The Bangle Files: #7 | The “Jeneffer”

BANQTwo weeks ago, relying upon the results obtained further to our latest research, we were led to believe that Adam Bangle arrived in America in 1765. My good friend Judith Bangle Persin had found his name on a passengers’ list.

Well, not exactly. Continue reading

52 Ancestors: #2 – Louis Tourville (1838-1895)

As part of the 52 Ancestors Challenge, I promised my Facebook friends that I would alternate between Quebec and the United States for members of the Hubou-Tourville family. So Louis Tourville is not a direct ancestor of mine but mind you, a 3rd cousin 3 times removed. 😉

I cannot imagine the emotional roller coaster the family of Louis Tourville has endured after his tragic death on that Sunday, May 12, 1895, in Chicago Post-Graduate Hospital.

All began the previous Wednesday when Louis Tourville was working on the drainage canal. He was employed for some time by Hendenreich Company Contractors. As reported in the Chicago Tribune of May 17, 1895: “…while at work near one of the dumps (…) he was caught by a cable rope which elevates cars and was jerked into the air with great violence.” Louis suffered from internal injuries and was badly bruised. They probably thought it was not that serious since they brought him back home but he was later rushed to Post-Graduate Hospital where he died four days later.

 View of O.C. Farrington [verify], standing in the excavation site of the new Chicago Drainage [Sanitary and Ship] Canal. "Construction proceeds on the Sanitary and Ship Canal...much of the 28 miles was through solid rock underlying the continental divide." 1896. Original size and material: 4x5 inch glass negative Digital Identifier: CSGEO8770 Part of the Illinois Urban Landscapes Project: www.fieldmuseum.org/urbanlandscapes/


View of O.C. Farrington [verify], standing in the excavation site of the new Chicago Drainage [Sanitary and Ship] Canal. “Construction proceeds on the Sanitary and Ship Canal…much of the 28 miles was through solid rock underlying the continental divide.” 1896.
Original size and material: 4×5 inch glass negative
Digital Identifier: CSGEO8770
Part of the Illinois Urban Landscapes Project: www.fieldmuseum.org/urbanlandscapes/

Afterwards, on May 14, just as the family was preparing for the funeral and burial in Mt. Calvary Cemetery, it was stopped by Coroner McHale and the body of Louis was put in a vault until an inquest could be conducted. It was suspected that the death certificate issued by Dr. Kuraeff of Post-Graduate Hospital was not in accordance with the real facts.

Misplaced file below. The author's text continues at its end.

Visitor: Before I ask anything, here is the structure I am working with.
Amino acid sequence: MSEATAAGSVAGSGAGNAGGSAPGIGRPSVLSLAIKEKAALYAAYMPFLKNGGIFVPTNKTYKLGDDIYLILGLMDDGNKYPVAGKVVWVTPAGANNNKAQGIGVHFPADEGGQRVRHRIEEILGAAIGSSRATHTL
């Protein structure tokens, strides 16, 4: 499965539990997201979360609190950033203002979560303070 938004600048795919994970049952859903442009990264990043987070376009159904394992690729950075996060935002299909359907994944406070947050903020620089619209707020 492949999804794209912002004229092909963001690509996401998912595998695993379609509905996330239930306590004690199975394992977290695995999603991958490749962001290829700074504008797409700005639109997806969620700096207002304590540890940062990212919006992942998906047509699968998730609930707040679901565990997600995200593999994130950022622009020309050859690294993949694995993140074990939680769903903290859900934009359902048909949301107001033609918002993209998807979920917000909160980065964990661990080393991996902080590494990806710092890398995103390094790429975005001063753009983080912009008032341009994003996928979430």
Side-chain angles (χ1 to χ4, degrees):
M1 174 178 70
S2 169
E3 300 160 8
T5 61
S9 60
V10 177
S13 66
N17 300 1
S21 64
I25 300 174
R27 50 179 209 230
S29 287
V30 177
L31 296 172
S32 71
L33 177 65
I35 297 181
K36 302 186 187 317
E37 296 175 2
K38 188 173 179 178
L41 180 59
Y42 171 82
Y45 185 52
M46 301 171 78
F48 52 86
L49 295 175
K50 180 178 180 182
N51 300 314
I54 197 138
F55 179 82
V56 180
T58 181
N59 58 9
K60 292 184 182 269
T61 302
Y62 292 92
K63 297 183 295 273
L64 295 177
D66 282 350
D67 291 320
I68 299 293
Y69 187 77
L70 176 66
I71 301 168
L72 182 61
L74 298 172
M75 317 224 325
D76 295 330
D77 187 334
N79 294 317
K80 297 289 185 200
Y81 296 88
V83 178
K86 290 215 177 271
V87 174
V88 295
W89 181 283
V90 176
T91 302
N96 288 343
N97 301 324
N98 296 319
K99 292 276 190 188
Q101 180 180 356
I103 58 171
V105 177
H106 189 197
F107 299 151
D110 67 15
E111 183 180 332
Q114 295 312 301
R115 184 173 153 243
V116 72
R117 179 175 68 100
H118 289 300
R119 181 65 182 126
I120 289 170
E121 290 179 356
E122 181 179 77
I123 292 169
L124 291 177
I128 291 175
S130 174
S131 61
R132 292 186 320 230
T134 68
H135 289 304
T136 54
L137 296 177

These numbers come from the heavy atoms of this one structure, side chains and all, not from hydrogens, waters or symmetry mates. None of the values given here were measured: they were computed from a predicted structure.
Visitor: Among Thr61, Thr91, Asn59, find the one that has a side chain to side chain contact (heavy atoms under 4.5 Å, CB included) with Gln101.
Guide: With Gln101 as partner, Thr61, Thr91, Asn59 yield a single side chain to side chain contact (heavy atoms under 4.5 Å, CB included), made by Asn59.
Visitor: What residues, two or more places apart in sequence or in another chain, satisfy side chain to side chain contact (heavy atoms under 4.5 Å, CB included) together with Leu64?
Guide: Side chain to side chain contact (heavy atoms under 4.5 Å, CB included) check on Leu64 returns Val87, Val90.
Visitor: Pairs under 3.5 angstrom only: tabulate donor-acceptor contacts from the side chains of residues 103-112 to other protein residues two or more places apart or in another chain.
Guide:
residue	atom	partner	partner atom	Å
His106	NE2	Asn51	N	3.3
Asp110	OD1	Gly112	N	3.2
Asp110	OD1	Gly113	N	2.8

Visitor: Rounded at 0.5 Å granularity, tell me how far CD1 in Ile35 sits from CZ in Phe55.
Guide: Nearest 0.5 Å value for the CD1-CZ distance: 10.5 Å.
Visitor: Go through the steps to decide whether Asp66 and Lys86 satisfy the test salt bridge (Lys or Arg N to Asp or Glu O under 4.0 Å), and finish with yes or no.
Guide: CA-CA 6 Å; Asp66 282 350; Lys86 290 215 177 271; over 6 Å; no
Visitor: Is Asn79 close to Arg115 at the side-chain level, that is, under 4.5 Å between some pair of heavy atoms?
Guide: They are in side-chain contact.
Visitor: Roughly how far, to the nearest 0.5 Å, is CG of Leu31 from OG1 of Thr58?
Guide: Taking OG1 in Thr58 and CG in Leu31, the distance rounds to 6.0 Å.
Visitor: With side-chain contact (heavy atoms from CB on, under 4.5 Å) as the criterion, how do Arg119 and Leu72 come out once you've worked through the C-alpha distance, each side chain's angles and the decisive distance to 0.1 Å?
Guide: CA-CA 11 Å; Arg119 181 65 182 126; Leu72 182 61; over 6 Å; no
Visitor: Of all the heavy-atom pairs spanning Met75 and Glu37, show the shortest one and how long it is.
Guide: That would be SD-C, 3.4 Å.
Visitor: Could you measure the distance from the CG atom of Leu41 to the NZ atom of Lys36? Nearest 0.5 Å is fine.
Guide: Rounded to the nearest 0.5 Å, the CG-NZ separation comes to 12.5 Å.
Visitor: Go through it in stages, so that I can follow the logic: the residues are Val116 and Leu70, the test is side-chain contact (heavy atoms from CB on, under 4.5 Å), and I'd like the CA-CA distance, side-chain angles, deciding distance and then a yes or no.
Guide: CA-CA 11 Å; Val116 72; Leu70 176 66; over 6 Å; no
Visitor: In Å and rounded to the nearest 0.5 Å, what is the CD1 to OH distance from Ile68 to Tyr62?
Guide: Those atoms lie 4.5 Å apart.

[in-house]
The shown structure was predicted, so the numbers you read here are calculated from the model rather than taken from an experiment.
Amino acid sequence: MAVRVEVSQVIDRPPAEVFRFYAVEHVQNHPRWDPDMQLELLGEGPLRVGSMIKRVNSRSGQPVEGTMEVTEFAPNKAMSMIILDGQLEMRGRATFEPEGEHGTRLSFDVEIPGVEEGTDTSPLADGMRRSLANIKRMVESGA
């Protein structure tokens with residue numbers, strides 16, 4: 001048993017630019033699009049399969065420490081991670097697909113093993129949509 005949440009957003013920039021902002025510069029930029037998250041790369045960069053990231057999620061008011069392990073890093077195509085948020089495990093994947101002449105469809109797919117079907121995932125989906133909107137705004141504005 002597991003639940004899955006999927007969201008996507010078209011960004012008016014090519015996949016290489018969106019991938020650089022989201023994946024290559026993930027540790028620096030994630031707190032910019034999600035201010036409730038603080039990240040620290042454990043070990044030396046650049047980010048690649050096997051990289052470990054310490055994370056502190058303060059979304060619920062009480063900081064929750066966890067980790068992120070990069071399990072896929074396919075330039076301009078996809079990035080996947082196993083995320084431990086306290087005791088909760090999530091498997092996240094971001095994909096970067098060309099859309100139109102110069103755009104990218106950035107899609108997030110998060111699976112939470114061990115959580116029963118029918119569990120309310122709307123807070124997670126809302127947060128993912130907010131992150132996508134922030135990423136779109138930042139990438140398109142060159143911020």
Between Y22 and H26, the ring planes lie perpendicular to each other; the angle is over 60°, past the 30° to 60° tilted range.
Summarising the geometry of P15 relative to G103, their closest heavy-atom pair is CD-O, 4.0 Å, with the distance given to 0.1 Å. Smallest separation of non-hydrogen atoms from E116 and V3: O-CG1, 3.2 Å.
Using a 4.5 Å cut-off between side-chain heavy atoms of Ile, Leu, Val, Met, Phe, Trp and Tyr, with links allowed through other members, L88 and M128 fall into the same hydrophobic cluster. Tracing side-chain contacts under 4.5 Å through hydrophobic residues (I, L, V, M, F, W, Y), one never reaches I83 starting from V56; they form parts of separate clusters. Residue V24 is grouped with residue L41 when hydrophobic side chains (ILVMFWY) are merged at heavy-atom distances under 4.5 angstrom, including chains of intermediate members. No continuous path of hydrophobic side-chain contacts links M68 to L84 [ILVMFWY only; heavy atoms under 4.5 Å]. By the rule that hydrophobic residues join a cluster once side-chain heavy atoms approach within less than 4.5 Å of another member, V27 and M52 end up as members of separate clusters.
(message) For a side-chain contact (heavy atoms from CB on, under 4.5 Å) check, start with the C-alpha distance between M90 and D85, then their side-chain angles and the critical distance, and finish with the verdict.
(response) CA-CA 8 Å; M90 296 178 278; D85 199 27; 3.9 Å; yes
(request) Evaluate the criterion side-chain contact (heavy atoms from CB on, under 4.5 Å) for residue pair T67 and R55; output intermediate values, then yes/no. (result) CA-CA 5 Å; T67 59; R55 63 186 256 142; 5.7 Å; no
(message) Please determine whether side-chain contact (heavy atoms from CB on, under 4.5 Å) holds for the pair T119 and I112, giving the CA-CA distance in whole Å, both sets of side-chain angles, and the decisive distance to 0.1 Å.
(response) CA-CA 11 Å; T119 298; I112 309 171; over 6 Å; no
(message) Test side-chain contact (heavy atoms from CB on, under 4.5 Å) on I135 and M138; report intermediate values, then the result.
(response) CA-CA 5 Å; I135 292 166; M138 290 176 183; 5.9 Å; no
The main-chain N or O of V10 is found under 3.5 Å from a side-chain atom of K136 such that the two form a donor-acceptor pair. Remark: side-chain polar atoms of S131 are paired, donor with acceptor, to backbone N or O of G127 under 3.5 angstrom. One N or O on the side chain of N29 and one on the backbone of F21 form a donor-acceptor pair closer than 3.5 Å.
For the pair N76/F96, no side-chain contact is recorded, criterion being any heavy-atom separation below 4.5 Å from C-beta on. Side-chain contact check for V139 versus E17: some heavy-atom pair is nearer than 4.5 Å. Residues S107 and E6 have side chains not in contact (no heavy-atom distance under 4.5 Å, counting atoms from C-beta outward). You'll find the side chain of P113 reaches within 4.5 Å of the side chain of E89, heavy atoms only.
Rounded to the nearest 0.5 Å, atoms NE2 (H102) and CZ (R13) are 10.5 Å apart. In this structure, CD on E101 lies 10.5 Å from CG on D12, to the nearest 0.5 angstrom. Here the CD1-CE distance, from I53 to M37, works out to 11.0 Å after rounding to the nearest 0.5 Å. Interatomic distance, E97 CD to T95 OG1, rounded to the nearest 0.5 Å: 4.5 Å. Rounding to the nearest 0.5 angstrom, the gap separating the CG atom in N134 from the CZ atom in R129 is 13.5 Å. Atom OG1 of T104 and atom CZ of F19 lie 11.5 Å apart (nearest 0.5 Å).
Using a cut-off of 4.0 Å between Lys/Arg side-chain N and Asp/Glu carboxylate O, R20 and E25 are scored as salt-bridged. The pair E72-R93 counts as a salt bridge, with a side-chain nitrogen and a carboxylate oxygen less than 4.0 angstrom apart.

The coroner’s inquest was held on May 16, 1895, 4 days after Louis’ death. The verdict issued by the jury concluded that “(…) from the evidence presented (…) the said cable was not properly protected to avoid accidents and ensure (…) Hendenreich Company Contractors for not doing so.” The jury also blamed the doctor for issuing a burial certificate not in accordance with the cause of death. The jury also recommended that the “(…) proper authorities take steps to remedy such cases in the future.”

Looking at the coroner’s inquest form, the list of witnesses included Louis Tourville, a moulder, living at 270 Forquer St., which can only be Louis’ son. So that means that Louis has witnessed his father’s accident…

Louis Tourville was born in Lachenaie, Quebec, in 1838, son of Louis Tourville and Elisabeth Lamoureux. His family moved to Montreal during the late 1830’s. Just a few Tourville families were living in Montreal at that time. Lucky enough, we actually can find them in the 1842 and 1851 Canadian Census in Montreal. Census for these periods are very incomplete.

Louis Tourville married Suzanne Bélec on September 13, 1858 at Notre-Dame Church in Montreal. The couple had 11 children, all born in Montreal, 9 making it to adulthood.

Carpenter and moulder by trade, Louis and his family moved to Chicago probably in October 1880 (according to the U.S. naturalization record of his son Victor). An economic recession that started in 1873 might have triggered him to move to Chicago where the economy was flourishing in the 1880’s. His nephew Alphonse was already there since about 1878.

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52 Ancestors / 52 Weeks is an idea proposed by Amy Johnson Crow. Link on the image for more details about it.

52 Ancestors / 52 Weeks is an idea proposed by Amy Johnson Crow. Link on the image for more details about it.